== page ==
4 Big NSA Changes Obama Is Considering

New privacy rules could extend to non-citizens, for one
By Matt Cantor,  Newser User
Posted Jan 10, 2014 10:40 AM CST
President Barack Obama speaks Thursday, Jan. 9, 2014, in the East Room of the White House.   (AP Photo/Carolyn Kaster)

(Newser) – With a presidential speech on NSA reforms coming as soon as next week, the Wall Street Journal has the inside track on President Obama's thinking. Changes could come as a combination of executive and legislative action. Among possible major changes to the way the agency works:

  • A review panel has recommended that, for the first time, non-US citizens gain privacy protections under the Privacy Act of 1974. President Obama appears to favor the idea, a top administration official tells the paper.
  • The panel is also calling for an overhaul of NSA phone record-gathering, suggesting that phone companies or a separate body collect the records instead of the agency itself. That idea is "absolutely being seriously considered," says the official. The panel would like to see court approval required for a search of those records.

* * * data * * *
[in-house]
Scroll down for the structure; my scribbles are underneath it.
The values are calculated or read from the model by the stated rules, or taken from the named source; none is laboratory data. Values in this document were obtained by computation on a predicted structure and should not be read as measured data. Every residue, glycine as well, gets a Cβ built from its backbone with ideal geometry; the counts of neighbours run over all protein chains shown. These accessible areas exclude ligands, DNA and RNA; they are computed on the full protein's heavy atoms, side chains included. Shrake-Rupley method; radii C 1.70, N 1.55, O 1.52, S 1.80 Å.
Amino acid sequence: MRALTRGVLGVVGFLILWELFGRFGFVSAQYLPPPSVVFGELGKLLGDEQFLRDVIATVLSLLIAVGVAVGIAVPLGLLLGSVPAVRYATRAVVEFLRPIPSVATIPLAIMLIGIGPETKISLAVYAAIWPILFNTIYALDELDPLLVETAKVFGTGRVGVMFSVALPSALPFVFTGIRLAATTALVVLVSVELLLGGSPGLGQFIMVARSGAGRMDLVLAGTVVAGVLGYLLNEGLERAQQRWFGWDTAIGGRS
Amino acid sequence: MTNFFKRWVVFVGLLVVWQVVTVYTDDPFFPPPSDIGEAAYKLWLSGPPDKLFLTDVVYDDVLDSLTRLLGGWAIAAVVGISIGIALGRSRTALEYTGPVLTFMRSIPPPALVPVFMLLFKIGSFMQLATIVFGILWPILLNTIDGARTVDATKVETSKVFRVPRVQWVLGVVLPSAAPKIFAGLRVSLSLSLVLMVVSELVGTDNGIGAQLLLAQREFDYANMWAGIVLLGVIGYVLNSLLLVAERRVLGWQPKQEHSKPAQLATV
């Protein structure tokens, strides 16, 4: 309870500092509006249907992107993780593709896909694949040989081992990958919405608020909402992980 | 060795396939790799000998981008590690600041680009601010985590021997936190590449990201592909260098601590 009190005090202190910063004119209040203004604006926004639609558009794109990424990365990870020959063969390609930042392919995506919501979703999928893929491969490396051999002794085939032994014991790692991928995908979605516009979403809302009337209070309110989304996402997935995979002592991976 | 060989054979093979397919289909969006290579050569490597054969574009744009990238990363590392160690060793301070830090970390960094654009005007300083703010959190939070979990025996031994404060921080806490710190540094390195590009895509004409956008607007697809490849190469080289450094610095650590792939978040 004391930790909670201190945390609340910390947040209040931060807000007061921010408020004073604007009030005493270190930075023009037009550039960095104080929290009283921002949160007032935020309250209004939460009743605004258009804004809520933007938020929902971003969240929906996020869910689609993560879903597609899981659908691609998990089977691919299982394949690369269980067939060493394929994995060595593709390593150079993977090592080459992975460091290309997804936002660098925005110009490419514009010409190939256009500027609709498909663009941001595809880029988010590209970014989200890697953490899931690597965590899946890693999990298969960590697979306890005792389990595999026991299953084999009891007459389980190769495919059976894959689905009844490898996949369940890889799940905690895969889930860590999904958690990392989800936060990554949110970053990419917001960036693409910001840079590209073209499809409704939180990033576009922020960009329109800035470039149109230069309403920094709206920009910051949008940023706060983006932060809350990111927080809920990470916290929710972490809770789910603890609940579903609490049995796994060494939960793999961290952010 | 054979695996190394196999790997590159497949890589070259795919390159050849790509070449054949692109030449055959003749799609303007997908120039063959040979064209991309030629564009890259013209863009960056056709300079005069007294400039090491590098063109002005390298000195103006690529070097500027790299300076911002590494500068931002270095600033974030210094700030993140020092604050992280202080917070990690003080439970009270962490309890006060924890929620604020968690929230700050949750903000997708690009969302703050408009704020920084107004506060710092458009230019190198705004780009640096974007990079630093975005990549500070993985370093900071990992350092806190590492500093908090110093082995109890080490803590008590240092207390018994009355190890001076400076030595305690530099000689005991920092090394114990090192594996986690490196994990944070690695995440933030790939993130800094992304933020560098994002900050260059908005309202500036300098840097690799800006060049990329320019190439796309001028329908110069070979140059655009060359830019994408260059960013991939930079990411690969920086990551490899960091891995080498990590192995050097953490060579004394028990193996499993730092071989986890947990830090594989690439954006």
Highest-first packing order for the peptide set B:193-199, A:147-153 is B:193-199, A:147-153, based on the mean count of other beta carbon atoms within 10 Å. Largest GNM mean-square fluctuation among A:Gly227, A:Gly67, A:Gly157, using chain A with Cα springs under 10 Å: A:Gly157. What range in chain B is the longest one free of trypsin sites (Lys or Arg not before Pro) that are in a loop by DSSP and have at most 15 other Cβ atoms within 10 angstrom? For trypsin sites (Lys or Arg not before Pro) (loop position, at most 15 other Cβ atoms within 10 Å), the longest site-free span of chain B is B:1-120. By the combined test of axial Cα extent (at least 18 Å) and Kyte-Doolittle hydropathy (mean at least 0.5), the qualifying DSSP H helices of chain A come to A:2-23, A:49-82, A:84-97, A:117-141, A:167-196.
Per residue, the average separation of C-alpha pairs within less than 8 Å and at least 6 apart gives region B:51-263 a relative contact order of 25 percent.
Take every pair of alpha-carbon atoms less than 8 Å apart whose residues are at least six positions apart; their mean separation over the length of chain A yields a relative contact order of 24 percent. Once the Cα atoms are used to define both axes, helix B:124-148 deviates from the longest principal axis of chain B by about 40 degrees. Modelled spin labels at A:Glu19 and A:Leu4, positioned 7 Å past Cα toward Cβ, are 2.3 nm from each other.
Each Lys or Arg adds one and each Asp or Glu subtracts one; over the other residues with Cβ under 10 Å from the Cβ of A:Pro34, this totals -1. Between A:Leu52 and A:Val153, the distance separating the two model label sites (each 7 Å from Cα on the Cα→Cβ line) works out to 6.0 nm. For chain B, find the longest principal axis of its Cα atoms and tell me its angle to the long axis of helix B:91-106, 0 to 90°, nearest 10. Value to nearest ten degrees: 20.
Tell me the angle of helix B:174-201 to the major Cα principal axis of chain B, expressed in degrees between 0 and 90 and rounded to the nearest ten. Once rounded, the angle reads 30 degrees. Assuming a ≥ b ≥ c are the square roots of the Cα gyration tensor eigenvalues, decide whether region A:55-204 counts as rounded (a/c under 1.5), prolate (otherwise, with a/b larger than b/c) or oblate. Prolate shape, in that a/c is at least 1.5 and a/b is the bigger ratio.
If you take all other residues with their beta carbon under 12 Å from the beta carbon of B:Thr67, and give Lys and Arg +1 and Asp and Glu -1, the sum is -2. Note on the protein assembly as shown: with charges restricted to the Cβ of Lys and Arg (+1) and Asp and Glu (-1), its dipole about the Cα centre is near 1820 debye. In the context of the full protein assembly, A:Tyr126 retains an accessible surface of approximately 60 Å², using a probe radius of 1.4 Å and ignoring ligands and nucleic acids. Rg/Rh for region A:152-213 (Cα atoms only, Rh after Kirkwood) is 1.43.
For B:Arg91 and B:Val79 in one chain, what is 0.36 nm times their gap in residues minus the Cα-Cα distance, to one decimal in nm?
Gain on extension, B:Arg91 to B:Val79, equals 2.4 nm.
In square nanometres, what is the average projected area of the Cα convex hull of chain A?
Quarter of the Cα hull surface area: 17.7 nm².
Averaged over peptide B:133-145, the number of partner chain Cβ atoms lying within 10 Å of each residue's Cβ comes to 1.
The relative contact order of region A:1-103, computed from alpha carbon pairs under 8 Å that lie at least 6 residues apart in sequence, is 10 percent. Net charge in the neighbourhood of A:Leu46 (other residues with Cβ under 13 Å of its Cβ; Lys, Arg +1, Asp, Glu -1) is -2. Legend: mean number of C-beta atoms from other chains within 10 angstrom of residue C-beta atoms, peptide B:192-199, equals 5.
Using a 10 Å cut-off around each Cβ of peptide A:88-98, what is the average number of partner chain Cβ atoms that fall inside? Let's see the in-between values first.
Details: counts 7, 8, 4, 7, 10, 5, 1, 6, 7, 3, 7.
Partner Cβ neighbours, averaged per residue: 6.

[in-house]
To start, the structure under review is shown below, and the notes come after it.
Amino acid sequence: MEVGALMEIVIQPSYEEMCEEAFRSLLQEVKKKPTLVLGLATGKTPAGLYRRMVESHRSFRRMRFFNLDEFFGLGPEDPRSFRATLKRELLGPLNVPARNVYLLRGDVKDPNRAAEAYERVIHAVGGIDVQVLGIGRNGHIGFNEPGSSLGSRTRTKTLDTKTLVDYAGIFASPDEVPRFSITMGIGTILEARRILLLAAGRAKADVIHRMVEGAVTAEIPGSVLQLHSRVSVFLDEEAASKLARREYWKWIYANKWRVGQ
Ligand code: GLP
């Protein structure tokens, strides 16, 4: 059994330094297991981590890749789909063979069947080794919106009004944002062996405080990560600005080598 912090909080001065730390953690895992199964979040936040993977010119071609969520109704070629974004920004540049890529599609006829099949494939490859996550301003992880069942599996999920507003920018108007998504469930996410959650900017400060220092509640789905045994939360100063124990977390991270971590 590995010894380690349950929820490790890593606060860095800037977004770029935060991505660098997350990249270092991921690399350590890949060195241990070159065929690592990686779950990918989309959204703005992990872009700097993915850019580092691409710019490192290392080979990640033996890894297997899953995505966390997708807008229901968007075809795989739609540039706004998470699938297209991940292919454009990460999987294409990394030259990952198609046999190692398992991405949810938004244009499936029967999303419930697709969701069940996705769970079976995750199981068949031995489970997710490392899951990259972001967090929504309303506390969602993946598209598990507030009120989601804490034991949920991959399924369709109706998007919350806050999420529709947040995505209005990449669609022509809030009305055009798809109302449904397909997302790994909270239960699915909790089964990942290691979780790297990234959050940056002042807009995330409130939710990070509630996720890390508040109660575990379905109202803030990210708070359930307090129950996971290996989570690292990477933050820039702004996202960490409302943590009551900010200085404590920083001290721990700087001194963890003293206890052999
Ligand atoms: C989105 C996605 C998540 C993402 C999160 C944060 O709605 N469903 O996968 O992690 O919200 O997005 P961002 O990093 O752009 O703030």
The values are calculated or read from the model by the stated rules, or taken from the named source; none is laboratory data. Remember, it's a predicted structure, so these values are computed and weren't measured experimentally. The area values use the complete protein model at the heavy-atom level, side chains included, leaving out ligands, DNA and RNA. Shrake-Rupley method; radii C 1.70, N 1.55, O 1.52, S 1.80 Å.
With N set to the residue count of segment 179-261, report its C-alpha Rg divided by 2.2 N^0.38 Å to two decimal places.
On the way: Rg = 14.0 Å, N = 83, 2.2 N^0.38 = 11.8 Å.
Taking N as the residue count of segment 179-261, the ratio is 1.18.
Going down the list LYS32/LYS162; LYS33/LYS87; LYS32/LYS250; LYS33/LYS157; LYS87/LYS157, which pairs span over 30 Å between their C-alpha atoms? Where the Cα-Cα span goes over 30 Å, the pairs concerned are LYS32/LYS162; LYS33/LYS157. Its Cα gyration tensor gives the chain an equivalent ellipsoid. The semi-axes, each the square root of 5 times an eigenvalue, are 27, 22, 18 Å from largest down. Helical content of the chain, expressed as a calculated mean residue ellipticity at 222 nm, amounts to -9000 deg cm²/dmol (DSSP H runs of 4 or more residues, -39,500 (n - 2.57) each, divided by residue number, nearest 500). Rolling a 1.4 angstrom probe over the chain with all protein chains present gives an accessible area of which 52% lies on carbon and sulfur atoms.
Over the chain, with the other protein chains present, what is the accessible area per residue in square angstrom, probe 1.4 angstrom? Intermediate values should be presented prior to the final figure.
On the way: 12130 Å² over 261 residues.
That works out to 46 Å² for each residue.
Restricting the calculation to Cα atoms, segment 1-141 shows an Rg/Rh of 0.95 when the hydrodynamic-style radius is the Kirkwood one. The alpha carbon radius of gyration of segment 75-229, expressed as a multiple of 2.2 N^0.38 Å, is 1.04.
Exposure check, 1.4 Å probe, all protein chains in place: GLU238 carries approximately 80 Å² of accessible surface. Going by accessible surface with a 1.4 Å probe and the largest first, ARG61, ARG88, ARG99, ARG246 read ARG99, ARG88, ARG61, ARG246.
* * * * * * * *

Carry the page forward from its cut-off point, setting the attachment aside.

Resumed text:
• The panel has urged a change to the FBI's secret "national security letters," which call for data without needing court approval; the panel wants that approval. Obama may alter the procedure, though FBI director James Comey has raised concerns.
  • As previously reported, a public advocate may be appointed for surveillance court arguments against government requests.
In recent days, Obama has met with a range of privacy advocates, intelligence officials, and lawmakers to discuss the reforms. Following a meeting with White House Counsel Kathryn Ruemmler, one government secrecy expert noted: "There was an implicit assurance that change is coming, even though its exact contours could not be disclosed." (Read more President Obama stories.)

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